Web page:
Welcome to MTV Geek's New Comic Book Day Pull-List! Each week, we'll look at the best new releases hitting comic shops, and point you at the books you should be reading.
Art book? Autobiography? Graphic novel? Scrapbook? Process study? This book is all those things and more, which kind of makes it none of those things, but something else entirely. It's a visual representation of the interior of Sam Kieth's mind; a stream-of-consciousness trip through one man's lifetime of creativity; a huge, beautiful, well-constructed object to sit on a coffee table or nightstand, and be re-read and absorbed when I find a spare moment (and can cancel all engagements for a few hours while immersing myself in the pages).
And I love that this book is so unorthodox in style and form. Sam Kieth has always defied easy pigeonholing, producing a body of work that ranges from hyperactive 90s antihero comics to dreamy fairytale tableaus to incisive psychoanalysis, and sometimes mixes all those elements within a few panels of a single story. He was the artist who launched The Sandman with Neil Gaiman for DC, his grotesquely-muscled Wolverine and Punisher images made him a fan-favorite in the grim and gritty world of 90s comics, and his creator-owned The Maxx series was an early bestseller for Image Comics (and spawned a cult-classic animated series on MTV). He's done lots of things, some of which I don't care for, most of which I adore, and a few of which manage to use non sequitur and innate weirdness to connect with me on an almost subconscious level. So wrapping his artistic retrospective in this style of dream-logic makes perfect nonsensical sense, and makes it perfectly of a piece with the rest of his creations. This is a bizarre and rewarding hybrid of fact and freak-out and fantasy, a strange and wondrous look inside an artist's life, work, and imagination.
Vertigo's latest launch is a head-twisting explosion of science fiction psychedelics, the story of a near-future world where the laws of physics are given to spontaneously failing, and an entire government agency (the Federal Bureau of Physics, or FBP, for short) have been created to deal with the fallout. Simon Oliver's writing is razor-sharp and shot through with wild-eyed absurdity, Robbi Rodriguez's art is fluid and hyper-kinetic, and Rico Renzi's adrenalized color designs push the whole production over the top and straight toward the heavens – this is a comic with manic energy to spare, and a high-concept premise that gives room to expand into even wilder directions.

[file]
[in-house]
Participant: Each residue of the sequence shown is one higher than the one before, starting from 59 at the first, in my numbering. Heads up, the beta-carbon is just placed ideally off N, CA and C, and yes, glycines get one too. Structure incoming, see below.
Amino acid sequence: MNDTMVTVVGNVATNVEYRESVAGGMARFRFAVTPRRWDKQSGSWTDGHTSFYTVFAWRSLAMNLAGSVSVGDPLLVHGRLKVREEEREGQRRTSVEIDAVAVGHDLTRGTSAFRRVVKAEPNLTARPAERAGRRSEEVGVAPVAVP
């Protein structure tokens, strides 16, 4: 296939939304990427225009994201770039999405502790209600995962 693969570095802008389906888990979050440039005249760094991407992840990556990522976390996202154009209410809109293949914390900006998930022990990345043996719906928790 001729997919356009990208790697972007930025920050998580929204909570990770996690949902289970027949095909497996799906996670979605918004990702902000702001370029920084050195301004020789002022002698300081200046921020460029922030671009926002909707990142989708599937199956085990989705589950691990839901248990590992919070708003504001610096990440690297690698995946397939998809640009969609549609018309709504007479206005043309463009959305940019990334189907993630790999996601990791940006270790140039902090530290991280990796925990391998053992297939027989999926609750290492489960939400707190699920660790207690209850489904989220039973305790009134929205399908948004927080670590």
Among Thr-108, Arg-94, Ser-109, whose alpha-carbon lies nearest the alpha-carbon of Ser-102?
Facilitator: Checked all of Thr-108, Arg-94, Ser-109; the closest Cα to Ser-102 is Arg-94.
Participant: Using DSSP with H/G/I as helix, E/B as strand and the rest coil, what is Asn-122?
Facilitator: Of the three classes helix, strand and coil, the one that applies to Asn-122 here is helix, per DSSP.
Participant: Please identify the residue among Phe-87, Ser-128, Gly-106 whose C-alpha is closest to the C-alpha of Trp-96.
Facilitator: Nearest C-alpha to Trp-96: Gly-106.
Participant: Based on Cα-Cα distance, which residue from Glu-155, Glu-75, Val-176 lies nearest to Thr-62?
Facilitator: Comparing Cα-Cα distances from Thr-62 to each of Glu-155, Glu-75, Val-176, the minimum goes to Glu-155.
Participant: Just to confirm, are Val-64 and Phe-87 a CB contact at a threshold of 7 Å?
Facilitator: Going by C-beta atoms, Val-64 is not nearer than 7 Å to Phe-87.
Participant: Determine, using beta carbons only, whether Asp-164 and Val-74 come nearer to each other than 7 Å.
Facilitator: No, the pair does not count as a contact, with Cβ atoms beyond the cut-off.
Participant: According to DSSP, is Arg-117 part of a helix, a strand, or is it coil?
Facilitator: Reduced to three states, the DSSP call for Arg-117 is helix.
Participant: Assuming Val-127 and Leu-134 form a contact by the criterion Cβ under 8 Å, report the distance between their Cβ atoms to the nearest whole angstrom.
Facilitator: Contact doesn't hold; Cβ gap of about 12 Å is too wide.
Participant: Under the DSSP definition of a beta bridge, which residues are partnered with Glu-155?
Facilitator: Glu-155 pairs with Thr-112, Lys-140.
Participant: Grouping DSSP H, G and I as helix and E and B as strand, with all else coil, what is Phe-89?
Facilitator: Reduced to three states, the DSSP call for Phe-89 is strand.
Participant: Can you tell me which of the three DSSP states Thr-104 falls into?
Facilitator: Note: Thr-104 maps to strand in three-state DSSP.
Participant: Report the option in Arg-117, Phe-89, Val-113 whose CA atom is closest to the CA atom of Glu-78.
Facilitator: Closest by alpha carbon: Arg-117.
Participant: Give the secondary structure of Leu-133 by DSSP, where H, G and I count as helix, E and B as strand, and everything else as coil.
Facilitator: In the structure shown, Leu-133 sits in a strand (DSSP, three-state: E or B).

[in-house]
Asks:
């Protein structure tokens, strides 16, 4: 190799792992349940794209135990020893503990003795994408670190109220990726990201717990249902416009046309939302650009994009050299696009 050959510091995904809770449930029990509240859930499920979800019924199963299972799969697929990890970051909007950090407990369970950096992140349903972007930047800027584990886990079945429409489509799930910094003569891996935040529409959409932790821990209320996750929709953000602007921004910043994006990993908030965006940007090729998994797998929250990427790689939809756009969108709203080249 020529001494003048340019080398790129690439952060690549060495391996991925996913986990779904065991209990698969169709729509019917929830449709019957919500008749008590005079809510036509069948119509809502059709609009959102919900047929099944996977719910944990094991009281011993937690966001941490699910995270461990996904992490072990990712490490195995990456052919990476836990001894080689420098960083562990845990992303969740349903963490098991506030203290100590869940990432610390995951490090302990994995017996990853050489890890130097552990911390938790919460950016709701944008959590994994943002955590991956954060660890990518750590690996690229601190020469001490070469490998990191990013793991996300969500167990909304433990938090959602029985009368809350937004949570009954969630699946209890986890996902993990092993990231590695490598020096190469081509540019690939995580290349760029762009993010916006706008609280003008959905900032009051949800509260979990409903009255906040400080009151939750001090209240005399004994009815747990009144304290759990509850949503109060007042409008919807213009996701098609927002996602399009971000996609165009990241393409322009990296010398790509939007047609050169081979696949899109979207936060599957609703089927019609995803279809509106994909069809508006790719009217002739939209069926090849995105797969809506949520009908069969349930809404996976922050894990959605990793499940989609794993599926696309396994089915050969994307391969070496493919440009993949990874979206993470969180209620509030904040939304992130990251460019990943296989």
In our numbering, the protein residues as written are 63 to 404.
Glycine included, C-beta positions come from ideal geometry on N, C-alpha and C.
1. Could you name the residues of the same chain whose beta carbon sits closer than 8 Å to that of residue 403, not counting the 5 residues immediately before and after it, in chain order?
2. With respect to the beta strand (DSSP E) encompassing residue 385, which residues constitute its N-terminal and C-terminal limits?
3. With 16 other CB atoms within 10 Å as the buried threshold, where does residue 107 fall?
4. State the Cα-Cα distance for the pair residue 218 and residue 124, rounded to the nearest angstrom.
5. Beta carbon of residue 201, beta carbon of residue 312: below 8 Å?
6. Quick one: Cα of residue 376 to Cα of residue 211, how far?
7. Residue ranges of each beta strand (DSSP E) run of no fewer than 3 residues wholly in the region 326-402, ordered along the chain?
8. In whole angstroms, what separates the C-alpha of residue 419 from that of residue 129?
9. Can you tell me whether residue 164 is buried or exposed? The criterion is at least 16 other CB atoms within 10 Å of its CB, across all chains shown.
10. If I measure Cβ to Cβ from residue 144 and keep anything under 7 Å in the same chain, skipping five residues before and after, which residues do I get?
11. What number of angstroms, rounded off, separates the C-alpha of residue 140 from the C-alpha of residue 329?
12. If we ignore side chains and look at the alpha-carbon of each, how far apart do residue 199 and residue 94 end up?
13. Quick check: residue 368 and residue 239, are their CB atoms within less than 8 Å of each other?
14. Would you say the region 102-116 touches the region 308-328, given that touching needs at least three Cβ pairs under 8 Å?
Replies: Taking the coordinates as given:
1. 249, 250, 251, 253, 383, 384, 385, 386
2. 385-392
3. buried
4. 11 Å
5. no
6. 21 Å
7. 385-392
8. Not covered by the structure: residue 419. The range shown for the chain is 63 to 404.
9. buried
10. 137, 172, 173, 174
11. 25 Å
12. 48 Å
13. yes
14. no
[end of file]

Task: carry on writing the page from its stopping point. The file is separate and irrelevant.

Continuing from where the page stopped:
This issue concludes 'The Enemy Within', the crossover story that brought together this title and Avengers Assemble over the last few months, and does so with plenty of all-out action and a good old-fashioned emotional punch to the gut. Kelly Sue DeConnick has made Carol Danvers/Captain Marvel into one of Marvel's top characters over the last year, telling tales of hardship, friendship, and triumph over adversity – and here, along with artists Scott Hepburn and Gerardo Sandoval, she reaches even deeper, and creates a story that has all the superpowered trappings one could ever wish for, yet also deals with innate issues of heroism and humanity.
This special edition reprints last month's Batman #21, but does so in a unique and really appealing way: the art for both the lead and back-up features are reproduced directly from the original pencils (complete with the blue-line borders), with the text balloons, sound effects, and caption boxes overlaid – so the story can be read like a regular comic, yet it gives comic art nerds (like myself) an awesome glimpse behind-the-scenes, and a chance to marvel at Greg Capullo and Rafael Albuquerque's beautiful un-inked work. As a bonus feature, Scott Snyder's original scripts for both stories are reproduced in the back, giving even more insight into the creative process. I loved this issue when I read it the first time around, and now that I can study it in greater detail, I love it even more.
This issue does many things at once: it's a full-on spacefaring soap opera, it continues establishing the Guardians' place in the hierarchy of the Marvel Universe, it drops the newly-Marvelized character of Angela into the middle of the action, it drops foreboding hints about the world-shaking fallout from the recently Age Of Ultron event, and it feeds directly into the upcoming Infinity mega-crossover. And, most importantly, it's a hugely enjoyable read – Brian Michael Bendis and Sara Pichelli are an absurdly skilled team, and they fit wonderfully together on this title.
I'm a sucker for classic Marvel Comics, and so I clearly couldn't resist Black Bolt: Something Inhuman This Way Comes when I saw it on the stands – it's a triple-length comic, reprinting a handful of early-70s Black Bolt/Inhumans stories, which presumably provide some background for Marvel's upcoming Infinity and Inhumanity events (that feature Black Bolt as a major character). Tom Strong And The Planet Of Peril #1 is a invigorating dose of pulpy planet-hopping meta-textual fun. Uncanny X-Men #9 (by Brian Michael Bendis and Chris Bachalo) is a quick-moving blast, that showcases Dazzler in her new role as S.H.I.E.L.D. agent, and also contains some wonderful personal beats between Cyclops, Emma Frost, and some of the latest recruits to their team. And Archie #646 is a light-hearted sci-fi romp telling the story of a long-ago alien Archieverse, with a variant cover by Andrew Pepoy that's a note-perfect homage to Wally Wood's classic E.C. illustrations.